The bankruptcy court’s decision in Drossel was consistent with the Third Circuit’s decision in In re Schlessinger, wherein a judgment creditor pursued non-dischargeability based on a debtor’s diversion of partnership funds. The Third Circuit held that the debtor was not collaterally estopped from denying that the damages award arose from the conduct specified by Bankruptcy Code section 523 because the issue decided in the state court was not identical to a finding that the debtor willfully and maliciously injured the partnership or its property.<a
Thus, an insurance carrier pursuing fraud claims against a defendant must be aware of whether a bankruptcy court would construe the carrier’s judgment as satisfying the elements of fraud mandated under Bankruptcy Code section 523. Carriers must be mindful of these critical points of differentiation, and should consult with a bankruptcy specialist during the pendency of a state court action to ensure that the findings made will suffice to ensure that the resulting judgment will not be nullified by a bankruptcy proceeding. In any event, if a bankruptcy filing does ensue, additional litigation within the bankruptcy court will almost certainly be necessary to determine the non-dischargeability of the debt.
 11 U.S.C. § 341(a); compare Fed. R. Bankr. P. 4004 (requiring that, in a chapter 7 case, objections to a debtor’s discharge under 11 U.S.C. § 727(a)(8) or (a)(9) must be filed no later than 60 days after the first date set for the meeting of creditors under § 341(a)) with Fed. R. Bankr. P. 4007 (providing that a complaint to determine the dischargeability of a particular debt, except under § 523(c), may be filed at any time).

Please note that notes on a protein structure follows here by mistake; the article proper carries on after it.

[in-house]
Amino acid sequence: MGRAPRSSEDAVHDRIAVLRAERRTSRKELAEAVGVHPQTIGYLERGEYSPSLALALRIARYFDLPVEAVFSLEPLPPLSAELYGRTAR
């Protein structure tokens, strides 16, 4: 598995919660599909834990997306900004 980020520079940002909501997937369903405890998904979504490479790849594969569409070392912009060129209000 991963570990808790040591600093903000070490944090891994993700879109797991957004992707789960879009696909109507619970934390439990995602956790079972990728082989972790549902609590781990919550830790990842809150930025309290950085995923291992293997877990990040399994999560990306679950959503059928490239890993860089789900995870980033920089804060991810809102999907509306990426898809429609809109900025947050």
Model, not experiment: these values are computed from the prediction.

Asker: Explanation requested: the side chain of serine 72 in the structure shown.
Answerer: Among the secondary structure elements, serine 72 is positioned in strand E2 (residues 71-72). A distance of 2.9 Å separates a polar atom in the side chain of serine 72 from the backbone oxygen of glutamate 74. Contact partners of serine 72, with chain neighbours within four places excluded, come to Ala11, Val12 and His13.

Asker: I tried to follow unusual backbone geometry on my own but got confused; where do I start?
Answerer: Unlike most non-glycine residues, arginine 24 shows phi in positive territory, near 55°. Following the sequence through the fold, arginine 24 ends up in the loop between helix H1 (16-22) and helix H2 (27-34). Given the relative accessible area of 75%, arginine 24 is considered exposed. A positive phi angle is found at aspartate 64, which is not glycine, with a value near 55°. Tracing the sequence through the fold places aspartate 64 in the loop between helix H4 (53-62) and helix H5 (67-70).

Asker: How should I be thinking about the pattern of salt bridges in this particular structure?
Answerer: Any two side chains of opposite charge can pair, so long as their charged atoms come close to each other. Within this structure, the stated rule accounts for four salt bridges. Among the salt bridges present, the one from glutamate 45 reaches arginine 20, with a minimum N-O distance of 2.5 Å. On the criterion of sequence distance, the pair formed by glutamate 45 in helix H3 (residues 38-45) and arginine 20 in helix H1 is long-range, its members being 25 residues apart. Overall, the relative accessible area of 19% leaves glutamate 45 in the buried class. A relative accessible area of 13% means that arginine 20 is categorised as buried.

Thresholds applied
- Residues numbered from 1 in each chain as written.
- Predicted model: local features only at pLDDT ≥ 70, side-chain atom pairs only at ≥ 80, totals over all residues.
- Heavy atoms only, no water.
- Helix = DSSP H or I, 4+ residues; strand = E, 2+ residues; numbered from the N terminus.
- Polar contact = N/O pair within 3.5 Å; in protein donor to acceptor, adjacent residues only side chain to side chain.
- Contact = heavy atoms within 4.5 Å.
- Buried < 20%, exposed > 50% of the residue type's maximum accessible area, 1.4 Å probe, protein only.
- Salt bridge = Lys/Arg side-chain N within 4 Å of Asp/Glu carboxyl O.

11 U.S.C. § 523(a)(2)(A).
 Grogan v. Garner, 498 U.S. 279, 284-85 n. 11 (1991).
 In re Leonelli-Spina, 426 Fed.Appx. 122, 125-26 (3d Cir. May 4, 2011) (wherein former client of debtor who had obtained state court judgment against debtor-attorney brought adversary proceeding to except judgment from discharge, holding that state court judgment finding violation of New Jersey Rules of Professional Conduct in withdrawing funds from client trust account, and in turn committing fraud, breach of contract and breach of fiduciary duty, was entitled to issue preclusive effect in non-dischargeability proceeding under 11 U.S.C. § 523(a)(4) because determination that attorney had committed fraud or defalcation while acting in fiduciary capacity was essential to judgment entered in state court lawsuit, and matter was actually litigated to final judgment on merits in proceeding in which parties were identical, and in which attorney, as party against whom preclusion was sought, had full and fair opportunity to defend).
 2007 WL 3375073, at **1, 8 (Bankr. D.N.J. Nov. 7, 2007) (denying dueling motions for summary judgment, and scheduling trial, in part on grounds that plaintiffs’ judgment was not premised upon a finding of actual fraud).
 Id. at *5.
 208 Fed.Appx. 131, 133-34 (3d Cir. Dec. 14, 2006) (explaining that (1) “embezzlement and larceny both require the appropriation or taking of another’s property[,]” and (2) “[n]egligent or reckless acts do not suffice to establish that a resulting injury is ‘willful and malicious.’”).